State, defence gear up for keenly anticipated clash in Panayiotou trial

State advocate Marius Stander File picture: Eugene Coetzee
State advocate Marius Stander
File picture: Eugene Coetzee

It’s crunch time. It all comes down to this as the defence and state gear up for what is arguably the most anticipated trial of the year.

The epic battle commences on Tuesday as the prosecution attempts to convince the Eastern Cape’s foremost judge that Christopher Panayiotou, 29, is guilty – of murder – beyond a reasonable doubt.

The onus rests on the state, who will have to show Judge Dayalin Chetty how Panayiotou hired a bouncer at his nightclub to recruit hitmen to kidnap and execute Jayde, 29, in April last year.

State advocate Marius Stander will rely heavily on circumstantial evidence, focusing predominantly on cellphone tower plotting, not to mention a video filmed during an undercover sting operation – which is sure to become the subject of a trial-within-a-trial early on.

Panayiotou’s lawyers have already indicated that they will attack the evidence of the state’s key witness, self-confessed middleman Luthando Siyoni, from the onset. They claim he was beaten into making a confession.

Christopher Panayiotou's lawyer Advocate Terry Price File picture: Eugene Coetzee
Christopher Panayiotou’s lawyer Advocate Terry Price File picture: Eugene Coetzee

Advocate Terry Price SC says they have enough evidence to have his confession ruled inadmissible.

Siyoni, who was the first to be nabbed by police last year, quickly turned state witness and has been in protective custody ever since.

Price believes he was tortured into making that confession.

Another hurdle for the state is the video evidence of Panayiotou chatting to Siyoni just before his arrest.

In the video, Panayiotou can allegedly be seen patting Siyoni down to check for police wiring.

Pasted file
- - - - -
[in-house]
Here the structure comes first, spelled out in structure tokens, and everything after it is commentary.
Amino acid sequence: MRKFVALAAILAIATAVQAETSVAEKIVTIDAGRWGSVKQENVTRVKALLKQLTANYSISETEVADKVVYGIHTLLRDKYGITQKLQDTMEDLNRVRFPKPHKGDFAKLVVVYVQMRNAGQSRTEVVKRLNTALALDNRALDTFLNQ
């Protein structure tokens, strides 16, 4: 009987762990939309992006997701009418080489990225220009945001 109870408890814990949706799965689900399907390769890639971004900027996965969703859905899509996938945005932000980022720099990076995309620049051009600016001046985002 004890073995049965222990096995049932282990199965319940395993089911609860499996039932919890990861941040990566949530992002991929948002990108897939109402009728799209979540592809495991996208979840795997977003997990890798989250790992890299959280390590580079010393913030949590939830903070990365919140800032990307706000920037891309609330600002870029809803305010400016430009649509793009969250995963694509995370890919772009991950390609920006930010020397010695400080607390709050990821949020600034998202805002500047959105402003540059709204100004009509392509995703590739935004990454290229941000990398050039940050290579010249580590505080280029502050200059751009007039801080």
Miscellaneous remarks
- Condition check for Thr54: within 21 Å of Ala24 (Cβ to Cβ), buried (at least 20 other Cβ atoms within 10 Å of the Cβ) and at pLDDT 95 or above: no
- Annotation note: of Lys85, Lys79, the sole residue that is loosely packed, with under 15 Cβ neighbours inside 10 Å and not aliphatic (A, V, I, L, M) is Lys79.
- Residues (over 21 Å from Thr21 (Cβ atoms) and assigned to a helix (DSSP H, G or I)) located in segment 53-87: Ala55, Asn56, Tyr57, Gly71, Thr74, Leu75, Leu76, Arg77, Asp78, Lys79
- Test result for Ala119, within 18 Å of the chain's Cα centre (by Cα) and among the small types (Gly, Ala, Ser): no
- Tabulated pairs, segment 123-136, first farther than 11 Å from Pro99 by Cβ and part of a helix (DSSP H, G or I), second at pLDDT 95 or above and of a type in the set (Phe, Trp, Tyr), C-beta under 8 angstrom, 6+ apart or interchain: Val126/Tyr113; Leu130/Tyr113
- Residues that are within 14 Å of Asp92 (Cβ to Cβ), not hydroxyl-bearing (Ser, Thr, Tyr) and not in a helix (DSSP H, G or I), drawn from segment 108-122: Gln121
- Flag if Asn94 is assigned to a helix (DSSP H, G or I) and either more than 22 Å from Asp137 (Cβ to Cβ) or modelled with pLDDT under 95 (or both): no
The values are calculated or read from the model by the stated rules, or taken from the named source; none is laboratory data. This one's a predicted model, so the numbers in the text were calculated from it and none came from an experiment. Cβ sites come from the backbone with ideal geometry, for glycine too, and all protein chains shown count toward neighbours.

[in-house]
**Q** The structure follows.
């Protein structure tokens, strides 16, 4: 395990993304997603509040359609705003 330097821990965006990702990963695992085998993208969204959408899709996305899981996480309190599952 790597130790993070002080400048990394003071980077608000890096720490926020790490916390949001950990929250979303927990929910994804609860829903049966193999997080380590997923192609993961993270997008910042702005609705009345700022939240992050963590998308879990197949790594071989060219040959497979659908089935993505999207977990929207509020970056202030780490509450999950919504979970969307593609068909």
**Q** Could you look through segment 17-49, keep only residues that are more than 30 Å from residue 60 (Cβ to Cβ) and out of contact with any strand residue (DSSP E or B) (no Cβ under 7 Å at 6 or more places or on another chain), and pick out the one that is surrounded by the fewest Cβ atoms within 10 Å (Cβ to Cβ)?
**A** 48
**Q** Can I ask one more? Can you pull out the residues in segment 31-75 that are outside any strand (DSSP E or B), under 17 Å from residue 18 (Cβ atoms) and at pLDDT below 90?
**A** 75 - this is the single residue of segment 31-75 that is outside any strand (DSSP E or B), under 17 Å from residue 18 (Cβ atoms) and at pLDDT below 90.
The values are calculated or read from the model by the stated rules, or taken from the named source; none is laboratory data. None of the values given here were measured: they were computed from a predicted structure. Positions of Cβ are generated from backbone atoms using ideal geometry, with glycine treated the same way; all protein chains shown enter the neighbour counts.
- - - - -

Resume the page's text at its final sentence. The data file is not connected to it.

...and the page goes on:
He allegedly then tells Siyoni to destroy his phone and go into hiding.

In a similar case dubbed the “honeymoon murder”, two men who hijacked Anni Dewani while she was on honeymoon in SA changed their versions to secure an attractive plea bargain, claiming Anni’s husband, Shrien, hired them to make the hit look like a hijacking.

The allegations made global headlines, with the National Prosecuting Authority having to fight for Shrien to be extradited back to SA.

But the men’s testimony in court was so poor they were instead found guilty of perjury and Shrien acquitted of involvement.

Further hurdles for the state in the Panayiotou case include the fact that the firearm used to murder Jayde was never recovered, and the suspected trigger man, Sizwezakhe Vumazonke, who was the alleged link between Siyoni and the other hitmen, has since died.

Sinethemba Nemembe and Zolani Sibeko have reportedly been linked to the offence through a cyber fingerprint – their cellphones.

Cellphone expert Thereza May Botha will paint a picture for the court how the men worked together, with their cellphones clocking in at each tower as they pulled off their plan.

And although the defence has kept the identities of its expert witnesses secret, they will no doubt closely match Stander’s witnesses.

Rumblings about Vumazonke possibly being poisoned to stop him from coming clean remain unproven. His lawyer, Michelle Blignaut, said this week an inquest had been opened into his death but the cause of death was still unknown.

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